Where in the heck is Nia Jax? That’s a question being asked with my tongue firmly being implanted in my cheek, as the Internet easily allows us to know that she most recently defeated Alicia Fox in a Superstars taping held recently.
It is a bit odd, though, that Jax is already being more featured on an Internet wrestling program than having the same sort of treatment on Monday Night Raw.
Jax made her main roster debut on July 25, after being drafted to Raw the week before. Things started well for the former NXT talent, too, as she began her main roster voyage squashing jobbers, looking talented, and gaining momentum.
It even led to an actual feud! A rare thing for a new talent to the main roster.
Jax would have backstage altercations with Fox, leading to a few matches, but culminating with the younger talent going over the veteran on the Clash of Champions kickoff show on September 25.
What has happened since then? What has the WWE done to help parlay all the momentum Jax has received and gained during her initial run with the company? Well, they’ve decided to all of a sudden relegate her to non-Raw broadcasts.
This is a great way to kill a talent’s potential over-ness.
There are likely reasons for this happening. This can be explained with some rational thought.
It is likely the direct price she has to pay for being booked as an unstoppable beast. With the main event scene of the women’s division remaining truly engaging, coupled with Bayley still finding herself on the main roster, the company is in a sincerely difficult spot to find Jax time on the picture-box.
It is as much a logistics issue as it is a storytelling one. After all, if Jax is unbeatable, the company can’t continue to feature her on Raw and not have her move on to the main event scene in haste. With the Charlotte-Banks feud likely culminating at Hell in a Cell, the lack of Nia on TV could have simply been a move by the creative team to keep her in the shadows before hurling her into the Women’s Championship picture after the HIAC fallout dust settles.
The other option would be to keep putting her on TV. But what would she be doing? The women’s division is talented, but if Jax’s angle is not to lose, the company can’t trot her out there each week to topple other talents that still need time to get over.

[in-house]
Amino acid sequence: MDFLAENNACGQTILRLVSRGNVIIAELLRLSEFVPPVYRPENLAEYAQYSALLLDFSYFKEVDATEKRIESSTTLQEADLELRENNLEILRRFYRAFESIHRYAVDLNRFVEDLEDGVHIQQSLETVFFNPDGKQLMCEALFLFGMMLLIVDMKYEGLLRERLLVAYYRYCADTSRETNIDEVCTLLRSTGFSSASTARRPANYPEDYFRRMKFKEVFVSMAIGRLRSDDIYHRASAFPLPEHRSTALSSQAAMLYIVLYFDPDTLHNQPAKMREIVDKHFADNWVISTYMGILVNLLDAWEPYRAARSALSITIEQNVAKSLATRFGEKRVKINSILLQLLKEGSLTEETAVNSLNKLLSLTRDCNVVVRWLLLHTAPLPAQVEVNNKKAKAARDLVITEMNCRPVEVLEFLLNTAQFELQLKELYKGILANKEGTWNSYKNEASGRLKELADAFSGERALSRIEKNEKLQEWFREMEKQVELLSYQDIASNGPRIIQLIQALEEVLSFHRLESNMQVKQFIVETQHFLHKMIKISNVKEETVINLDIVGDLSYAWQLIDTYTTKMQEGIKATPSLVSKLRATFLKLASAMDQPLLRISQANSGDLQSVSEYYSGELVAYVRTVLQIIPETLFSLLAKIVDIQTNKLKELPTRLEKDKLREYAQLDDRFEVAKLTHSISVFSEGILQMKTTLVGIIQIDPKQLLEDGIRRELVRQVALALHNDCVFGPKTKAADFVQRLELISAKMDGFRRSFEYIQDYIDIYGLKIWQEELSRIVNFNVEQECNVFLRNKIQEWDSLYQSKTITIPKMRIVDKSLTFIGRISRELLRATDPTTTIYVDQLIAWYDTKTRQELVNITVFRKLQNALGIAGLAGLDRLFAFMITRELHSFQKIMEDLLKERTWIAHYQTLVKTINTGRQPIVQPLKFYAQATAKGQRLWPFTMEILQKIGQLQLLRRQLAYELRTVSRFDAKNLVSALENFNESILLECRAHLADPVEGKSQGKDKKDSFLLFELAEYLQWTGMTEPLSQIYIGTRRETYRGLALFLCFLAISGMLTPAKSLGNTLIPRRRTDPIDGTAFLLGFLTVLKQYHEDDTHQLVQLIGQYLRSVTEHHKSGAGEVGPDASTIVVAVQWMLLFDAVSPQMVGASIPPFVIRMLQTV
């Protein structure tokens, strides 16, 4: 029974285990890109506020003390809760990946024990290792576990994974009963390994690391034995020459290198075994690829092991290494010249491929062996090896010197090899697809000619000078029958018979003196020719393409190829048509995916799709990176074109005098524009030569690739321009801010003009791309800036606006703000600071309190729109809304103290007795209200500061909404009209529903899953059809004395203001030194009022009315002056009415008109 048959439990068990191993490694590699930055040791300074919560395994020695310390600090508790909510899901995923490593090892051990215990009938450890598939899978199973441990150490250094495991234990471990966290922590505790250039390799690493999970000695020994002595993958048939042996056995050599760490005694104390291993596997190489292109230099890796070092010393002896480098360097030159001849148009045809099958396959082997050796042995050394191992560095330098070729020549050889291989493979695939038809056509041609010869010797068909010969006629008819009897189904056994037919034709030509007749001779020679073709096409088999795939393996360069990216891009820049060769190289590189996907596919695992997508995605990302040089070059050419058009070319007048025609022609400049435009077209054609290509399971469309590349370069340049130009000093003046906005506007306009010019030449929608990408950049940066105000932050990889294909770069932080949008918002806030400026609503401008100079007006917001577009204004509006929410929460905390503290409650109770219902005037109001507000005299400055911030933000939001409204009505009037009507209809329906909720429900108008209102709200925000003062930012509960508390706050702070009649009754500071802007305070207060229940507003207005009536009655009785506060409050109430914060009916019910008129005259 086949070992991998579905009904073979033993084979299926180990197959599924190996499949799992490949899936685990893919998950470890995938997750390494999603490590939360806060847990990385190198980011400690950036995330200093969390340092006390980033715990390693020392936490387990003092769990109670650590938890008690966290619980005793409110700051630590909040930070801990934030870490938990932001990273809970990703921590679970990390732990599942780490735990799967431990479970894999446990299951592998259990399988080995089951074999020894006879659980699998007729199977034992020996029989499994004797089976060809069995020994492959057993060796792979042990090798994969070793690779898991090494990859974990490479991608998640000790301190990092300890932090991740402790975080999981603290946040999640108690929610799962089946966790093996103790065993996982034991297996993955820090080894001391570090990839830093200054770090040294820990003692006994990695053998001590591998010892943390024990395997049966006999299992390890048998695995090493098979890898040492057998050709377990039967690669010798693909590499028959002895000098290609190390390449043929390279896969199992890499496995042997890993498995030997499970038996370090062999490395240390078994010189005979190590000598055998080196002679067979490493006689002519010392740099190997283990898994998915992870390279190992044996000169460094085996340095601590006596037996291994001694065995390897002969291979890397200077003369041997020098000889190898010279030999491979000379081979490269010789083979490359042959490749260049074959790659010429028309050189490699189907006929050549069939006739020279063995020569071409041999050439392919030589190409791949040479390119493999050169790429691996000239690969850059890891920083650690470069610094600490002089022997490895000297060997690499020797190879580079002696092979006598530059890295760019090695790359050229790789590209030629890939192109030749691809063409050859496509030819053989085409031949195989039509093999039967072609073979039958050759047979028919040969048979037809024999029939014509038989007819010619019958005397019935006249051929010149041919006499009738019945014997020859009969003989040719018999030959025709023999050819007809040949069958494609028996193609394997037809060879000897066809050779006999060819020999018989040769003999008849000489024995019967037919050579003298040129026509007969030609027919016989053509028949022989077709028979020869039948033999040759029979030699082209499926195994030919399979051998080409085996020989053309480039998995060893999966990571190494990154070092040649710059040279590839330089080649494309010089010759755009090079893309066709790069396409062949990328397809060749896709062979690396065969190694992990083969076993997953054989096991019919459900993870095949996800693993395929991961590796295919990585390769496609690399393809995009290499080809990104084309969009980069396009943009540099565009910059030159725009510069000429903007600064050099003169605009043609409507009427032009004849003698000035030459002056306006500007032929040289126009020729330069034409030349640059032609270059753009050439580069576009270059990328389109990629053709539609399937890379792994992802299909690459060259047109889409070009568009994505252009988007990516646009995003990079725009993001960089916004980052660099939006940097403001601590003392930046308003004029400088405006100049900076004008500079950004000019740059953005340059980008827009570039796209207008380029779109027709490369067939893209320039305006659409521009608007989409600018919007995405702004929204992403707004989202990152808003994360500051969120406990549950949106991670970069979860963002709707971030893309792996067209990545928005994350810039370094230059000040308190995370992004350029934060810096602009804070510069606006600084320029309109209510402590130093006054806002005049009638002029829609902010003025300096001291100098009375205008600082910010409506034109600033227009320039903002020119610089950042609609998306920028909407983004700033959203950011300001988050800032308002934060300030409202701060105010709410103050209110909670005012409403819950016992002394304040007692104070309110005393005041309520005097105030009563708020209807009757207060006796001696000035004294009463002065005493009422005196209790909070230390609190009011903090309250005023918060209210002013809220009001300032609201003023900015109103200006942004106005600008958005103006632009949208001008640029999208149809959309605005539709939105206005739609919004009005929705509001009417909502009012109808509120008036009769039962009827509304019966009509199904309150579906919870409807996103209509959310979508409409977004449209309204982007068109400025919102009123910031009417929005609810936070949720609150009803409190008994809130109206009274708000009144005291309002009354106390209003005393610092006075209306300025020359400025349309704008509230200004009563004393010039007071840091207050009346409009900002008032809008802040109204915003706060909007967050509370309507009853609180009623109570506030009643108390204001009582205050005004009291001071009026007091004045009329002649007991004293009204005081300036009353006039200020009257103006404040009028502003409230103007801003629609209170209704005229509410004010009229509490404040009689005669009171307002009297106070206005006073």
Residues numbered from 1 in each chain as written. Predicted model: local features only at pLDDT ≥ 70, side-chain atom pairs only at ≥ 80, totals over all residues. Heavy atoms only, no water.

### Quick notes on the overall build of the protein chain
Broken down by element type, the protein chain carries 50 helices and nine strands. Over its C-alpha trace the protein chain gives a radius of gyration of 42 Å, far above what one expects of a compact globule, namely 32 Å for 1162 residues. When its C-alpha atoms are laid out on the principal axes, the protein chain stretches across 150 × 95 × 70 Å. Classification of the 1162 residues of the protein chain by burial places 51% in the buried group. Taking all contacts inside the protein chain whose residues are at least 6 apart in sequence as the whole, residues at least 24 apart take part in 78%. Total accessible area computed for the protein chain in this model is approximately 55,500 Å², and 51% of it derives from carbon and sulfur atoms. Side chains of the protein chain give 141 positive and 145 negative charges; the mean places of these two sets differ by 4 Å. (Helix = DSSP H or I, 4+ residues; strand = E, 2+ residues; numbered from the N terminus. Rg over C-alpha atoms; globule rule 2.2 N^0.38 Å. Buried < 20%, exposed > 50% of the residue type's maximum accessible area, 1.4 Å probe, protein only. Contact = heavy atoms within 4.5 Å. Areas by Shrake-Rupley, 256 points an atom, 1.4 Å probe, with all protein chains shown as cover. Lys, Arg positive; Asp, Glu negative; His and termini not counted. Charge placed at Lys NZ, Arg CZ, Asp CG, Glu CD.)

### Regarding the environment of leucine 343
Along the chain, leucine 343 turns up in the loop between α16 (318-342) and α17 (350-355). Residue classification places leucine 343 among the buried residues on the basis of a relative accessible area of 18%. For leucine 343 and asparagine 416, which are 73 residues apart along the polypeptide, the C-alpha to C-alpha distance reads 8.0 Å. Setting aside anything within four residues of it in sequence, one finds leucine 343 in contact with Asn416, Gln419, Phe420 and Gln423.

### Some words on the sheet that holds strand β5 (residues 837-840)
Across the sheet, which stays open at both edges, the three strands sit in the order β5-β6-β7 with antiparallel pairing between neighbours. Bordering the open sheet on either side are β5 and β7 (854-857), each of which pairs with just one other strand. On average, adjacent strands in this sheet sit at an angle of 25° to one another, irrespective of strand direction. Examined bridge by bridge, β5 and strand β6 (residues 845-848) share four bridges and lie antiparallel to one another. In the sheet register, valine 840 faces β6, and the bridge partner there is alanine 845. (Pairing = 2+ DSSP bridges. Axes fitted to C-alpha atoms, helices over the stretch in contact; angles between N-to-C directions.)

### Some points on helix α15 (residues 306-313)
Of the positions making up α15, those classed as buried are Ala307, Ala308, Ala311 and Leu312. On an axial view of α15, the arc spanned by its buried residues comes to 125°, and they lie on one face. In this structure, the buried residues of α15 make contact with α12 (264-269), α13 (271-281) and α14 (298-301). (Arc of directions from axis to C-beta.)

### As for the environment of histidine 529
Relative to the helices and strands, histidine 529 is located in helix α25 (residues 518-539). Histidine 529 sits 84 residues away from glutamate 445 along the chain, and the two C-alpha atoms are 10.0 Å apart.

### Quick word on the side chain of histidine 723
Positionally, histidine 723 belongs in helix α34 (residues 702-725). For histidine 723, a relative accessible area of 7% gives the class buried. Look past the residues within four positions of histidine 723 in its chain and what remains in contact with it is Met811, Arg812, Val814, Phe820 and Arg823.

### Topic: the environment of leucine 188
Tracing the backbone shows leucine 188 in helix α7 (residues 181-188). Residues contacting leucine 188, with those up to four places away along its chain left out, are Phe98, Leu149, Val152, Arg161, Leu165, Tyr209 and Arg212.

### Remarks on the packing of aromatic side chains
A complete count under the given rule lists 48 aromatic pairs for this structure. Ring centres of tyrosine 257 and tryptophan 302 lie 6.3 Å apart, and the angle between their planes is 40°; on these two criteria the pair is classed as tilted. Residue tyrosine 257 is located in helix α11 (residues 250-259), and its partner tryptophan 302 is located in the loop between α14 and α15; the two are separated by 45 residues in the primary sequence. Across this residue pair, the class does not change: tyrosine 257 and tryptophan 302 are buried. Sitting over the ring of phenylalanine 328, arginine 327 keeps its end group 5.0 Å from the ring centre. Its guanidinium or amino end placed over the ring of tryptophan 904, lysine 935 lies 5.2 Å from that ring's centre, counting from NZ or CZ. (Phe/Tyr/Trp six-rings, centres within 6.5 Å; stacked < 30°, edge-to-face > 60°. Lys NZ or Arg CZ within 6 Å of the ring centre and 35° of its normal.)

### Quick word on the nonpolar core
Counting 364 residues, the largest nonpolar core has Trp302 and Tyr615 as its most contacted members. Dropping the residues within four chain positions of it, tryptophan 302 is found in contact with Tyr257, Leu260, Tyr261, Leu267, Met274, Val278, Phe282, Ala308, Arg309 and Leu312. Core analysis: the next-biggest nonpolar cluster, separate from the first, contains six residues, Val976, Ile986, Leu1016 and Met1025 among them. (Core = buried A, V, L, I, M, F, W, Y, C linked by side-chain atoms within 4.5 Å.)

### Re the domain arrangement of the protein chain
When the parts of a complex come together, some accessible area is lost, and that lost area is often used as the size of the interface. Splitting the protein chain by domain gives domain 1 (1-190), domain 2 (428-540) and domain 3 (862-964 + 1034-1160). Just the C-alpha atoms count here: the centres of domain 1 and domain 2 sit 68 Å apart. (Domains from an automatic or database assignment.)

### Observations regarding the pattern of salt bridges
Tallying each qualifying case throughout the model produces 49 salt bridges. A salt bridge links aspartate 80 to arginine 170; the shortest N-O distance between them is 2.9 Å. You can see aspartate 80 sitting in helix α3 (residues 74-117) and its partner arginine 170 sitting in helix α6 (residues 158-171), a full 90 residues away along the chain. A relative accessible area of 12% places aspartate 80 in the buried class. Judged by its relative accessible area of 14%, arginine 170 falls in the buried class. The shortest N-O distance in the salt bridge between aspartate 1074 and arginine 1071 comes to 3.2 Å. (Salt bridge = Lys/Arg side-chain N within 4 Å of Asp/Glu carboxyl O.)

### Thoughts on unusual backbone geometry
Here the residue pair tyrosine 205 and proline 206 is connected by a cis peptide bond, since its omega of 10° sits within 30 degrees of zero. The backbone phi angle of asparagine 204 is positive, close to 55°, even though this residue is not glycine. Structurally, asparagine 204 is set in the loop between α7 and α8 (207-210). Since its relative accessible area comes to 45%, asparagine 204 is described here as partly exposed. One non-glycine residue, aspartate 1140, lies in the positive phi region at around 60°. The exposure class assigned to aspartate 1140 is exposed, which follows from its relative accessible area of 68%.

Not to mention, thanks to Braun Strowman doing the ‘weekly beat up a jobber’ gimmick, she can’t be put on Raw to beat up local wrestlers, either.
She’s essentially in this creative purgatory pickle because of happenstance. The WWE very clearly wants to build her as some sort of monster in the division, but there’s just too many moving parts at the moment to give her the spot she needs to do it.
That’s the sane explanation. There are less ideal ones, however.
It can be far less logistically plagued than that. The WWE can just be incompetent. It wouldn’t be a shock to find out that the company booked Jax to and through the Fox angle, but then had no idea what to do with her after that. So, in typical WWE fashion, they just hurled her onto non-televised programming until the creative team can figure something out.
Under the probably misguided assumption that the WWE knows what it is doing from time to time, it is probably just the logistical issues. That happenstance is currently getting in Jax’s way of becoming one of the top female performers on Raw.
No matter the reason, though, it remains odd to the point of infuriating that a billion dollar company would call up a talent from its minor leagues, then doing mostly nothing with that person. It would be like an MLB team calling up one of its best prospects to its main team, needing help at the position he plays, then deciding to have him ride the pine for a few weeks just because, well, just because.
Hopefully, when Nia Jax returns to being more regularly featured on Monday Night Raw, all that momentum she previously gained isn’t lost, especially considering she’s one of the women most likely next in line to make a run at the championship.